If your bearded dragon is closing one eye, it could mean something is wrong with the eye. This is especially true when the eye shuts over a prolonged period and more often than normal. So, why is your bearded dragon closing one eye constantly?
A bearded dragon closing one eye could be a sign of eye infection, parasites such as mites, or just a protective mechanism when basking in the sun. Check for any swelling or inflammation around the shut-eye and take the lizard to a reptile veterinarian for proper diagnosis.
Why does my bearded dragon close one eye?
The first thing you want to do is observe when the lizard closes its eyes. Is it a constant problem, or is the lizard closing its eyes when being pet? Knowing this can help you determine if the beardie is sick or just closing their eyes normally.
Here are reasons why your bearded dragon closes one eye:
A bearded dragon eye infection is the most common reason for eye closure. Bacterial eye infections are characterized by a discharge hanging off the eye or an ulcer near the eye.
You may also see minor redness or swelling around the eyes if there’s irritation. Other symptoms include cloudiness and increased sensitivity, fluid leaking from the beneath eyeball area (usually green), pus coming out of eye sockets, etc.
If you notice any symptoms like these on your beardie’s face, schedule a vet appointment as soon as possible to get treatment in time and prevent further damage to the eye. If left untreated, it can cause blindness in one eye permanently!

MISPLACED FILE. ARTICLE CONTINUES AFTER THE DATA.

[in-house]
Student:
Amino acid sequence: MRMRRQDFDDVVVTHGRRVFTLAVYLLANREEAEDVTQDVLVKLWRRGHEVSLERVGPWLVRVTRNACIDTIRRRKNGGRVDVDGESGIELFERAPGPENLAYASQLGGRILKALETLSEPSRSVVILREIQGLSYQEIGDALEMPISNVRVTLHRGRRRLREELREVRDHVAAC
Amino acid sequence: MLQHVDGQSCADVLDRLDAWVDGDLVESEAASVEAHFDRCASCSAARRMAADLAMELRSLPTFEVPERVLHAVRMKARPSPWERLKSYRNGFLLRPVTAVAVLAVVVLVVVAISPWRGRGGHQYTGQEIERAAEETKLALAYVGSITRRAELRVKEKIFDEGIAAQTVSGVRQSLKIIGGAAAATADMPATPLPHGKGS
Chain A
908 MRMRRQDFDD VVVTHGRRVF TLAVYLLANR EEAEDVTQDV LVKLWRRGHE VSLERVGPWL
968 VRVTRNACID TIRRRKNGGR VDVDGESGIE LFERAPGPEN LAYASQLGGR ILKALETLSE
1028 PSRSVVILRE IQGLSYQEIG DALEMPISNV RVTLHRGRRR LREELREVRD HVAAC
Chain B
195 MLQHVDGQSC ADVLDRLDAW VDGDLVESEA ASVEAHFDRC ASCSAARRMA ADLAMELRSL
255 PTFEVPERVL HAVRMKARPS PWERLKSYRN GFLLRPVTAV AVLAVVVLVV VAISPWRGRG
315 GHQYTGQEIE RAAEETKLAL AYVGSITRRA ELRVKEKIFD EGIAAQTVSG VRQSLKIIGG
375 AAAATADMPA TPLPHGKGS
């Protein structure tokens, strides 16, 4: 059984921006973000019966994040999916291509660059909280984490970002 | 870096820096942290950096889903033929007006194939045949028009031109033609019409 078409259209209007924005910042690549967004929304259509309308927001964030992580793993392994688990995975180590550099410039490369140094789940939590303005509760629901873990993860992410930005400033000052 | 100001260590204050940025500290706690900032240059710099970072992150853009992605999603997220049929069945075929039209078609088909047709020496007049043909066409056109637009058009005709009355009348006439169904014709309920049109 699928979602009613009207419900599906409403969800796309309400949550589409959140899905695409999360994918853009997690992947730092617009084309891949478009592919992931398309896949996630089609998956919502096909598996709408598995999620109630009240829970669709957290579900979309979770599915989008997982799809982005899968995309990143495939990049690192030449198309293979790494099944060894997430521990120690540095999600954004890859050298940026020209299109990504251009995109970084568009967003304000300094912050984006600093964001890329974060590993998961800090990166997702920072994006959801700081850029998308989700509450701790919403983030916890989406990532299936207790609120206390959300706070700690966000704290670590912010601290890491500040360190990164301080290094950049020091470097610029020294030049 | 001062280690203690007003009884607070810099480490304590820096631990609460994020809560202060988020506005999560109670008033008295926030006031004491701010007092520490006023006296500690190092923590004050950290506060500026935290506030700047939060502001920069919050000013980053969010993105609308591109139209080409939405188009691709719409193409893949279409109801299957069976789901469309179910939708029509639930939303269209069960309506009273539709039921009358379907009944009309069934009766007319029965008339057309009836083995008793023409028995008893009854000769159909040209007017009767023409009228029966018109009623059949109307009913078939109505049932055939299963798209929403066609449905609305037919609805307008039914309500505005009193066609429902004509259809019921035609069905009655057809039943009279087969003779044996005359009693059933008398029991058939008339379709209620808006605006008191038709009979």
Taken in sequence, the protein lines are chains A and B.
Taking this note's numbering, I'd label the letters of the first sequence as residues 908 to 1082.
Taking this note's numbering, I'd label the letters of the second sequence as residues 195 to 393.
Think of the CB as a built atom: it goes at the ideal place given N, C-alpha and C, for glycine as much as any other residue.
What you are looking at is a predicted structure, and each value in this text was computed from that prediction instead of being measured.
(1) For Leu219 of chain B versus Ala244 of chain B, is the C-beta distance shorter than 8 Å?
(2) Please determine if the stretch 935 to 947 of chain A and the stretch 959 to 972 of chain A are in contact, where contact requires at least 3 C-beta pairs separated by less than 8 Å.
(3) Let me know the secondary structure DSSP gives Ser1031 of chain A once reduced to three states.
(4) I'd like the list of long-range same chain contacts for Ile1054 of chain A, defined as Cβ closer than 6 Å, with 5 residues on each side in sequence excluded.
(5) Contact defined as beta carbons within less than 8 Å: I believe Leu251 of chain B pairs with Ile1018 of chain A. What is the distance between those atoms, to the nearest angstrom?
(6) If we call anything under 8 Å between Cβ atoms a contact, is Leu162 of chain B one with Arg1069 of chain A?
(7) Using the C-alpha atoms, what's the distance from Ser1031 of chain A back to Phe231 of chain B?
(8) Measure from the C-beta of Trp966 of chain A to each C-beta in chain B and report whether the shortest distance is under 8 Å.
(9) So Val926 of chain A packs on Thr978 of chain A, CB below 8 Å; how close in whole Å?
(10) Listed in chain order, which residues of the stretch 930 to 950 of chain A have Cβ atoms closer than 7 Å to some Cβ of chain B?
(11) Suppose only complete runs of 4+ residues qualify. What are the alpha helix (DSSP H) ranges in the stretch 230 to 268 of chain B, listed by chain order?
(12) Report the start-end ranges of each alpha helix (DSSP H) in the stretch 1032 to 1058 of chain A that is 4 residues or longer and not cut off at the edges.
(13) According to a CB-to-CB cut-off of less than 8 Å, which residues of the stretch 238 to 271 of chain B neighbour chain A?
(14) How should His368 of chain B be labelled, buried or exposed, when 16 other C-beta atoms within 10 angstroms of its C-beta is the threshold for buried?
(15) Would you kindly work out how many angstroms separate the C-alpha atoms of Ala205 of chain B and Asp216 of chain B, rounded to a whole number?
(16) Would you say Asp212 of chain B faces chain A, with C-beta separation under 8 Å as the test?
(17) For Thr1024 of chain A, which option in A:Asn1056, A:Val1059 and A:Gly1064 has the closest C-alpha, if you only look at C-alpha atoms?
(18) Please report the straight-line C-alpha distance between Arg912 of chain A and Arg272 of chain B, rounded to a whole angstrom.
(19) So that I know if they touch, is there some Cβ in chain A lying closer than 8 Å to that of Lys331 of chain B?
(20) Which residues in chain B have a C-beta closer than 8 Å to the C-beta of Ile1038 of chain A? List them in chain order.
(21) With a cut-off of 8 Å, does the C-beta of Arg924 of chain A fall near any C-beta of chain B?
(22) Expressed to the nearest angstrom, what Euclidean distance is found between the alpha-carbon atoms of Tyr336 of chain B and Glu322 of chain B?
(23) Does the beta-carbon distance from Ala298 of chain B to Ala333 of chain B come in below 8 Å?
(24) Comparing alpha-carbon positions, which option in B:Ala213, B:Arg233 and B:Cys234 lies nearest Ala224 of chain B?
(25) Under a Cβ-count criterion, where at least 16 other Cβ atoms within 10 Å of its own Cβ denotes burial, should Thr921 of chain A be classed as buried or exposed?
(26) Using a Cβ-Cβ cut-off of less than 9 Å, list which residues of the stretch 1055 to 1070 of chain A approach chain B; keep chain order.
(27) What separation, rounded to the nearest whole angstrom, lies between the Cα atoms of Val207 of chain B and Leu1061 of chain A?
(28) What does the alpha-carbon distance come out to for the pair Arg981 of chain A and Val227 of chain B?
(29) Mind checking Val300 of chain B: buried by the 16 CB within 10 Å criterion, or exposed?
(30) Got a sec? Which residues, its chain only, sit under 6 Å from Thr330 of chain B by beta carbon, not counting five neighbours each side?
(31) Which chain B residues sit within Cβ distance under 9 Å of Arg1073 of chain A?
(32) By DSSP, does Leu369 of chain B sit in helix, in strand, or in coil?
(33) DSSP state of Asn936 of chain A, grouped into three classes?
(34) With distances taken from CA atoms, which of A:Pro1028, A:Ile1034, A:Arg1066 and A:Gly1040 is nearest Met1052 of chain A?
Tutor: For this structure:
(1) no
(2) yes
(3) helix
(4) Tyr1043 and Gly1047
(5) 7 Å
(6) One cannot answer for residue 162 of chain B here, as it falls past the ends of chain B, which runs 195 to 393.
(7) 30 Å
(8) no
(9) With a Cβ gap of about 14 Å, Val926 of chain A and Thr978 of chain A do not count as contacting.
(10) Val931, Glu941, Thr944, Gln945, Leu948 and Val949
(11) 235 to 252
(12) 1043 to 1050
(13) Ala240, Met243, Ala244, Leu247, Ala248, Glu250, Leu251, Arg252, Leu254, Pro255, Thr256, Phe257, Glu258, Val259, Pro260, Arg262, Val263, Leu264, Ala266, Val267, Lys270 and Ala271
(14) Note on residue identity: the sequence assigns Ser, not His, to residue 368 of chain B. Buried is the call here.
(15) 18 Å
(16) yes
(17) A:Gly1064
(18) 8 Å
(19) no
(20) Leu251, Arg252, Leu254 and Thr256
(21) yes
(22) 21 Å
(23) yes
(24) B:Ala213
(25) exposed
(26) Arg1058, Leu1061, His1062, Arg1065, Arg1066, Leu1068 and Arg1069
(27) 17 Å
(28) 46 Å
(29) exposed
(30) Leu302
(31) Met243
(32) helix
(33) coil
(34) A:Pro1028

Parasites on a bearded dragon’s face can also cause eye closure. The most common external parasites on lizards are parasites such as mites and ticks.
One way you might notice parasites on your bearded dragon’s face is by seeing the red spots they cause from bites near the eyes or mouth of the lizard. You may also start seeing discharge from one eye caused by an ulcer in that area.
Parasites can cause general discomfort to your lizard, which means the pet might not rest as usual, or even feed properly. You’ll quickly start to see problems such as restlessness, discolored skin around the eye area, mass wasting, and sometimes too much waving.
Reptile mites or snake mites are common in bearded dragons. They mostly come from where you bought the pet. However, if you commonly visit places like pet orphanages where hygiene is not so good, you’re likely to come back with mites and introduce them in the enclosure.
- Reptile mites bite hard on the skin of your bearded dragon and can cause severe stress to the lizard.
- They appear as small brown or black dots on the lizard’s skin. Therefore, if your bearded dragon is closing one eye, you want to check the eye area to see if it is a mite infestation causing the problem.